New York City has embarked on an ambitious experiment, yet to be announced, in which some 2,500 teachers are being measured on how much their students improve on annual standardized tests.
The move is so contentious that principals in some of the 140 schools participating have not told their teachers that they are being scrutinized based on student performance and improvement.
While officials say it is too early to determine how they will use the data, which is already being collected, they say it could eventually be used to help make decisions on teacher tenure or as a significant element in performance evaluations and bonuses. And they hold out the possibility that the ratings for individual teachers could be made public.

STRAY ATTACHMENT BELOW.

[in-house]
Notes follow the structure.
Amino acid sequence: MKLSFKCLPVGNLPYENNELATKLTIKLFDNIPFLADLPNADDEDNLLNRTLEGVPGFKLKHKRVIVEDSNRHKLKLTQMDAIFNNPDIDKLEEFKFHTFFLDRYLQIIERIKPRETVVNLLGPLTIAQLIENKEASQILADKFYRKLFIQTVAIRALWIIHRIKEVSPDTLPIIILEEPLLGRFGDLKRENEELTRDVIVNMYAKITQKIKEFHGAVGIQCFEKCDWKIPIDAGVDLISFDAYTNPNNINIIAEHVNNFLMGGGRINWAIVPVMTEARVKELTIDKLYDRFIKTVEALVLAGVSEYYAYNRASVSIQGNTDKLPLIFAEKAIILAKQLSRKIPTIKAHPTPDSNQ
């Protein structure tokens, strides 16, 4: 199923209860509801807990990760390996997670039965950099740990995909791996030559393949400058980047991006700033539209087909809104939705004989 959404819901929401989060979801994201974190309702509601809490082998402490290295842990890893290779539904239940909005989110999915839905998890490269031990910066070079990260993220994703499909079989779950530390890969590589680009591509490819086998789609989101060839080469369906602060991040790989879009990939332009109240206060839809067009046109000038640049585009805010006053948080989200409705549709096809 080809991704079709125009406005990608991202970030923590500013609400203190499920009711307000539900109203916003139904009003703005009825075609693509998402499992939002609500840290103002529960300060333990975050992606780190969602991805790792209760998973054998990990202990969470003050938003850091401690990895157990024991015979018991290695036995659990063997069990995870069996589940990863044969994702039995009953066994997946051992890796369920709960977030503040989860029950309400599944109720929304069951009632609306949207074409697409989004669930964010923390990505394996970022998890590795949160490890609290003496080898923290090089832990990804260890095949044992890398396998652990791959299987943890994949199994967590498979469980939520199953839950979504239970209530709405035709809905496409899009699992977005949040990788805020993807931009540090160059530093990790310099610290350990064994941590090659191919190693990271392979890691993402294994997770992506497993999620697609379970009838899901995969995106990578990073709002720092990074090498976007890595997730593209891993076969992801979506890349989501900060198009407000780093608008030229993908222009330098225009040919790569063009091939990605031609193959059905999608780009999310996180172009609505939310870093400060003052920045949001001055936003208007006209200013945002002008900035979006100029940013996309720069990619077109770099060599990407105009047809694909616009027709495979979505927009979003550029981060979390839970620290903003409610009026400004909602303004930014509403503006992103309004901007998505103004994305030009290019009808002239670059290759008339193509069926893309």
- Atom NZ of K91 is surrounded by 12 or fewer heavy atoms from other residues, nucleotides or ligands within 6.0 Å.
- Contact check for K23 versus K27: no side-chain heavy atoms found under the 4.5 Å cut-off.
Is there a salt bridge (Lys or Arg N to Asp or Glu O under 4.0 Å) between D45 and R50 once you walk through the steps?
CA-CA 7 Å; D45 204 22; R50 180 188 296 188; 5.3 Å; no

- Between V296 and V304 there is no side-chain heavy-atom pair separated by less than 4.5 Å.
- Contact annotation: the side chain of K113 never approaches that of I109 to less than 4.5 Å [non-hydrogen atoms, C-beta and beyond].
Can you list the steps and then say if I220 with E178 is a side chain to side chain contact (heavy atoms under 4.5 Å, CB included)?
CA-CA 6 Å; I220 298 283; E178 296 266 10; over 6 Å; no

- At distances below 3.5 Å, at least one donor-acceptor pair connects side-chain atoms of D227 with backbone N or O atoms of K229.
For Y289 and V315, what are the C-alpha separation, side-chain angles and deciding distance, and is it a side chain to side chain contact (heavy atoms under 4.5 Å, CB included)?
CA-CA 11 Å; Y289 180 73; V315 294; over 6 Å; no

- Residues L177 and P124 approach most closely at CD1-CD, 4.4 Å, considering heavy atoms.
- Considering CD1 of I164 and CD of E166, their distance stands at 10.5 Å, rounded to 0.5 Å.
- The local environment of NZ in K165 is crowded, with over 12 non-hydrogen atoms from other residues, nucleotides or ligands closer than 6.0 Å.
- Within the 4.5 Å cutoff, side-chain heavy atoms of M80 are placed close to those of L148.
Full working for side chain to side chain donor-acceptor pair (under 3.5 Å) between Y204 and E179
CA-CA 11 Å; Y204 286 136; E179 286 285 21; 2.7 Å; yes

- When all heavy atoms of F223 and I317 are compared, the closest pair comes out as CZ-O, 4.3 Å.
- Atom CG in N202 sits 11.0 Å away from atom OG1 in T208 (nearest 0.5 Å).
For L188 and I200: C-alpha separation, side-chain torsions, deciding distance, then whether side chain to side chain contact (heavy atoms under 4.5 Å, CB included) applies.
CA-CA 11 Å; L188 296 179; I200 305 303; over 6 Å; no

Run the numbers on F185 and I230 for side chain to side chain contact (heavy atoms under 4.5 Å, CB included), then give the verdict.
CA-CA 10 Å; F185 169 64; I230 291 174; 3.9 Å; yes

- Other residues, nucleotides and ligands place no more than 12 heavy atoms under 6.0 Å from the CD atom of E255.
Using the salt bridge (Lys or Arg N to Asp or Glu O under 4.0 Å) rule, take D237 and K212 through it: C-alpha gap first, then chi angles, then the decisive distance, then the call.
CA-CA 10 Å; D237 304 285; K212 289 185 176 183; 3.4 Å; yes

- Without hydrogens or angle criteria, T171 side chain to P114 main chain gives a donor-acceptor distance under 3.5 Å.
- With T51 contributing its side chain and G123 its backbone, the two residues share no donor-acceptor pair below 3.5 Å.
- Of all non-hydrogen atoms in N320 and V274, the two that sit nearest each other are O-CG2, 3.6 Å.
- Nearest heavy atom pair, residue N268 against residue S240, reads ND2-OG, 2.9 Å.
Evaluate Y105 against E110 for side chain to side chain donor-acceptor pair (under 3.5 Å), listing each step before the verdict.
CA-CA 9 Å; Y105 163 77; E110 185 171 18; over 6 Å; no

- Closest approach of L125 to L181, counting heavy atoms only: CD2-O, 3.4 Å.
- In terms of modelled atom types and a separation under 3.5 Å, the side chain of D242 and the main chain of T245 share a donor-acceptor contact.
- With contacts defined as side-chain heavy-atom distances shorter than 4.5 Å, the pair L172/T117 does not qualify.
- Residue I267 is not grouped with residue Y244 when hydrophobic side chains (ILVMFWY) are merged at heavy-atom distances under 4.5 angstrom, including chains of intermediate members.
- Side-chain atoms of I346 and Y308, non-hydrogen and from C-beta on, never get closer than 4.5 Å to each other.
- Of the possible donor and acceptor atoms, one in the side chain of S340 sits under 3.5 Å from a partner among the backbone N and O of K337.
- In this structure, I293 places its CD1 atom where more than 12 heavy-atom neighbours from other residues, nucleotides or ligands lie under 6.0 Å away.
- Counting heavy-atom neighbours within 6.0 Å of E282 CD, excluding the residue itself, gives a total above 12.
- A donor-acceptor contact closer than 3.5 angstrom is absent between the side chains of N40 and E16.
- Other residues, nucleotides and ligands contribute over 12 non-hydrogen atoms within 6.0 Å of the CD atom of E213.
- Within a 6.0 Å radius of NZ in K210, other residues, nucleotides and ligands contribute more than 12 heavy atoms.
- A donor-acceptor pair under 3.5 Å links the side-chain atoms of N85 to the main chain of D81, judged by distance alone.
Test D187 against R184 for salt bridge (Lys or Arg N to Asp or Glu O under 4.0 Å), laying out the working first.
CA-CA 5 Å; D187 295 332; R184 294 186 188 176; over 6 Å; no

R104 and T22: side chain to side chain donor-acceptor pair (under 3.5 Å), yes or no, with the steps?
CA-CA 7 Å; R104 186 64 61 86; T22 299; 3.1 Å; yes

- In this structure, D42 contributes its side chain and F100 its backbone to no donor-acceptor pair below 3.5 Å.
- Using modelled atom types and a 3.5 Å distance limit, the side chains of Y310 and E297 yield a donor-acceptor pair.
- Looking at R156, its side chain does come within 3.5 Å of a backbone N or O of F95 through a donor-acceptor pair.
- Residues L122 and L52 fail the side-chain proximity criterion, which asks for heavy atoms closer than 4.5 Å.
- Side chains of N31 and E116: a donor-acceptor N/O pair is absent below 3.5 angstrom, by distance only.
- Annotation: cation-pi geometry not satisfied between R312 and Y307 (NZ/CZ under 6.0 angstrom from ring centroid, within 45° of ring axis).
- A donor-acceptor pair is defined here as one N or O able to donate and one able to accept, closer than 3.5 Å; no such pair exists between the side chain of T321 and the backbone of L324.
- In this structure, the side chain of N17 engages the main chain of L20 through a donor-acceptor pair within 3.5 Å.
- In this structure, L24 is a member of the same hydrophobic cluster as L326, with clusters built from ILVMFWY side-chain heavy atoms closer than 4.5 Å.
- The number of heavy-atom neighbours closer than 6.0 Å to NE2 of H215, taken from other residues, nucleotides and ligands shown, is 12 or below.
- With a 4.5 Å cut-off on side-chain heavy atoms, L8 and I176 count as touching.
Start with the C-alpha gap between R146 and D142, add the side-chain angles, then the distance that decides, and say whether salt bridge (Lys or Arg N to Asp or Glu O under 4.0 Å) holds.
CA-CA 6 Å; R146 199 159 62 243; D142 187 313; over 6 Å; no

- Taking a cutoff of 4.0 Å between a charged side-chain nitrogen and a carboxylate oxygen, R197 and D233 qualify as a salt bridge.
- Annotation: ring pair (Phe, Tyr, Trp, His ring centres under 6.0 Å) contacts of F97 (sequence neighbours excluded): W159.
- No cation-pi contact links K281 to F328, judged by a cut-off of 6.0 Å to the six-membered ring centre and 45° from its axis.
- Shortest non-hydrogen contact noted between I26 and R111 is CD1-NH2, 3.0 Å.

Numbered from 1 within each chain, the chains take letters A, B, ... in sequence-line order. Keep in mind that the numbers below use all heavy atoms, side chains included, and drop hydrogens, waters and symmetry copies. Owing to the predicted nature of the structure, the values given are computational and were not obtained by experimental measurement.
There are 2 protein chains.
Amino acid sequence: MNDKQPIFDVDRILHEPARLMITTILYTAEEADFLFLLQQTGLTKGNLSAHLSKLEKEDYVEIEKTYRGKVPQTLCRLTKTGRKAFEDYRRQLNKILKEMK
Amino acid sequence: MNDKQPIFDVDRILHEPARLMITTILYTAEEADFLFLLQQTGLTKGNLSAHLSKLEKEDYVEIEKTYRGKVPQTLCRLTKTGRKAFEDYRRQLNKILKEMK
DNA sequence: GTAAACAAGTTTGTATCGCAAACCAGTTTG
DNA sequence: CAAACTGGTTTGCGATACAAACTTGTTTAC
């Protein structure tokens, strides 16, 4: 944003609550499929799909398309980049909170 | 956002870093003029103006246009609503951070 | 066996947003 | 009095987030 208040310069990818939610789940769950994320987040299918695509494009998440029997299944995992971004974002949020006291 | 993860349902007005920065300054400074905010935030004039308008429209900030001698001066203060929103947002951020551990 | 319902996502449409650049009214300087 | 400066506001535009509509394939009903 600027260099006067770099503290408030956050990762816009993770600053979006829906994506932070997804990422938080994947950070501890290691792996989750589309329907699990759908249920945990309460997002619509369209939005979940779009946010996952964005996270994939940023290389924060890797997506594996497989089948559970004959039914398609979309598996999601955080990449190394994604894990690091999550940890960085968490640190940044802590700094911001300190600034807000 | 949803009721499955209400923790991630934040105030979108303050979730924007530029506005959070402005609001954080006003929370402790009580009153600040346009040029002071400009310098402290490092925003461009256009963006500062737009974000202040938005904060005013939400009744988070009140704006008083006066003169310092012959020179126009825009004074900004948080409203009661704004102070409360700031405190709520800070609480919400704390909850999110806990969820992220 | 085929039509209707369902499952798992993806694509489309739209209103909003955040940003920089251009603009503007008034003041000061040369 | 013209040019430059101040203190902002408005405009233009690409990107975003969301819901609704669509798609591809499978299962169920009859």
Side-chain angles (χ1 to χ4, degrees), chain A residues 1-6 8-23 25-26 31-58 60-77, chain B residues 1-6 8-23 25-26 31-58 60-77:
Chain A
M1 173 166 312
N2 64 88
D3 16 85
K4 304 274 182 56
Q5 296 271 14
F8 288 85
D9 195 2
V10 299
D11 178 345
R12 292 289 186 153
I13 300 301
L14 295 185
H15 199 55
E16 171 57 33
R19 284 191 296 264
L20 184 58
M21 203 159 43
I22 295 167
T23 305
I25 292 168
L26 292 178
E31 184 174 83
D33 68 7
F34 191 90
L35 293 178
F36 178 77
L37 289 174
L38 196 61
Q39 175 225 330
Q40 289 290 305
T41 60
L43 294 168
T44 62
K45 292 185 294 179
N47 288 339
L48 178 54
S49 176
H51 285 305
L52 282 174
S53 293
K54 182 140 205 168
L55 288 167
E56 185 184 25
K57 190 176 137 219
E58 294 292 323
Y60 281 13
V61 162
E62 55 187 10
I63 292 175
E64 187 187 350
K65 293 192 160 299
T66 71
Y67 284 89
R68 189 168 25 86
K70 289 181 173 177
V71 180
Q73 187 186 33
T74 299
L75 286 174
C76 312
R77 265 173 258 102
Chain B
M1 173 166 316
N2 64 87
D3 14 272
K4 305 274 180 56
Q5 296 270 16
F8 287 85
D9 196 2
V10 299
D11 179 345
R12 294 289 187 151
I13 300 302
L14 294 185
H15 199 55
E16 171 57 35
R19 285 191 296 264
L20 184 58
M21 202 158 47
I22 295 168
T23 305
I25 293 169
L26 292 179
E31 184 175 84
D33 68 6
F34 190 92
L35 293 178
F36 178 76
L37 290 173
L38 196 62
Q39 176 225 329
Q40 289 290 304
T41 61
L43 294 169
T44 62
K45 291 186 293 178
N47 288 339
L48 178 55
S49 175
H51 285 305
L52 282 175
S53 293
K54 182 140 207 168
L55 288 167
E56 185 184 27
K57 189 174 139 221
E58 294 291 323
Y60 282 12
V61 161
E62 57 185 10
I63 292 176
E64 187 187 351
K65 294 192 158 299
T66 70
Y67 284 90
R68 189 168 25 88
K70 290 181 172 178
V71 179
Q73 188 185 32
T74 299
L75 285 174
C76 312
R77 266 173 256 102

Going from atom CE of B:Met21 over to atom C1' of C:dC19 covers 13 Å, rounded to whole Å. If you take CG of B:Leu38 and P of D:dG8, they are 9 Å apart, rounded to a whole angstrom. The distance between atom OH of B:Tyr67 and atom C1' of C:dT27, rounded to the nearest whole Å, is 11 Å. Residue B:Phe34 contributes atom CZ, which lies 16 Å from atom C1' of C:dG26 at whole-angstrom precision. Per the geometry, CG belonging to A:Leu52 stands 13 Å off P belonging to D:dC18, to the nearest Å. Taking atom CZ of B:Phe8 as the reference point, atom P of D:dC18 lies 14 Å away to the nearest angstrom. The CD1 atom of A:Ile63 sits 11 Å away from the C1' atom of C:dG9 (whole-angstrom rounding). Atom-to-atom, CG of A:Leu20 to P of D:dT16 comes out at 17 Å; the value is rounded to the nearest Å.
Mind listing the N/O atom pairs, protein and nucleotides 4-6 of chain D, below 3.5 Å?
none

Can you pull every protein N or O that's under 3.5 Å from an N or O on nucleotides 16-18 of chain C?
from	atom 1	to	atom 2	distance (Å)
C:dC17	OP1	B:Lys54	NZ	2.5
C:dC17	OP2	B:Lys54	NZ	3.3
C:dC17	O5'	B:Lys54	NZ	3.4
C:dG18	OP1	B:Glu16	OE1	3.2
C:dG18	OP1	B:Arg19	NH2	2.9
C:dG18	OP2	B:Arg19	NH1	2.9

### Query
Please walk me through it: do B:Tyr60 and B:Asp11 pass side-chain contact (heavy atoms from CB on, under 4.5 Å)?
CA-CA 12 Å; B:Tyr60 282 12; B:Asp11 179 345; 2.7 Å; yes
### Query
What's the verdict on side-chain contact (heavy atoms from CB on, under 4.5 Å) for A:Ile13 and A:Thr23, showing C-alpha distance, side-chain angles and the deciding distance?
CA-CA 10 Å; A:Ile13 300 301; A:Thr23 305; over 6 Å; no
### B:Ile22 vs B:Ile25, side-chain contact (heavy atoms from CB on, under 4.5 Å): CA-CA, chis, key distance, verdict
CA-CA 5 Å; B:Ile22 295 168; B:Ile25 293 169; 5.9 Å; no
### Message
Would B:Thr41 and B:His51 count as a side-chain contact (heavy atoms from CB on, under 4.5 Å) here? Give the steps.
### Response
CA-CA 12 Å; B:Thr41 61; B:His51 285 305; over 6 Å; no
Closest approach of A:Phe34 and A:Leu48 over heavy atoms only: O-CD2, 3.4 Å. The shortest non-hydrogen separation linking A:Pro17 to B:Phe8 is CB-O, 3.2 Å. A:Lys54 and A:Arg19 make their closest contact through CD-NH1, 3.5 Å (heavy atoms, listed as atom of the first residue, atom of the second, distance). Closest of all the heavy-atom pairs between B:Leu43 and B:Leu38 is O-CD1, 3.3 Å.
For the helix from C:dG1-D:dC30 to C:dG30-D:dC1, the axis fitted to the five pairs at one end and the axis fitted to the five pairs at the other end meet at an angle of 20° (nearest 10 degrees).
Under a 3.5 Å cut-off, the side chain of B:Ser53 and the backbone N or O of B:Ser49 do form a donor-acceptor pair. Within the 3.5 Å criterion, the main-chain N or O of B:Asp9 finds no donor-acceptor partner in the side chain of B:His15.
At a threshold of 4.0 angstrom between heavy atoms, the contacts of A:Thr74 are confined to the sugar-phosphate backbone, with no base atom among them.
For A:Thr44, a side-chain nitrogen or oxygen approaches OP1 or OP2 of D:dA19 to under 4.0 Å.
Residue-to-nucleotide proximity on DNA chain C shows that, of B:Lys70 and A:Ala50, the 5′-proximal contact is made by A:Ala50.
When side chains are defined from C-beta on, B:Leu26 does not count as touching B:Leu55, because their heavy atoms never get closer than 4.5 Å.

“If the only thing we do is make this data available to every person in the city — every teacher, every parent, every principal, and say do with it what you will — that will have been a powerful step forward,” said Chris Cerf, the deputy schools chancellor who is overseeing the project. “If you know as a parent what’s the deal, I think that whole aspect will change behavior.”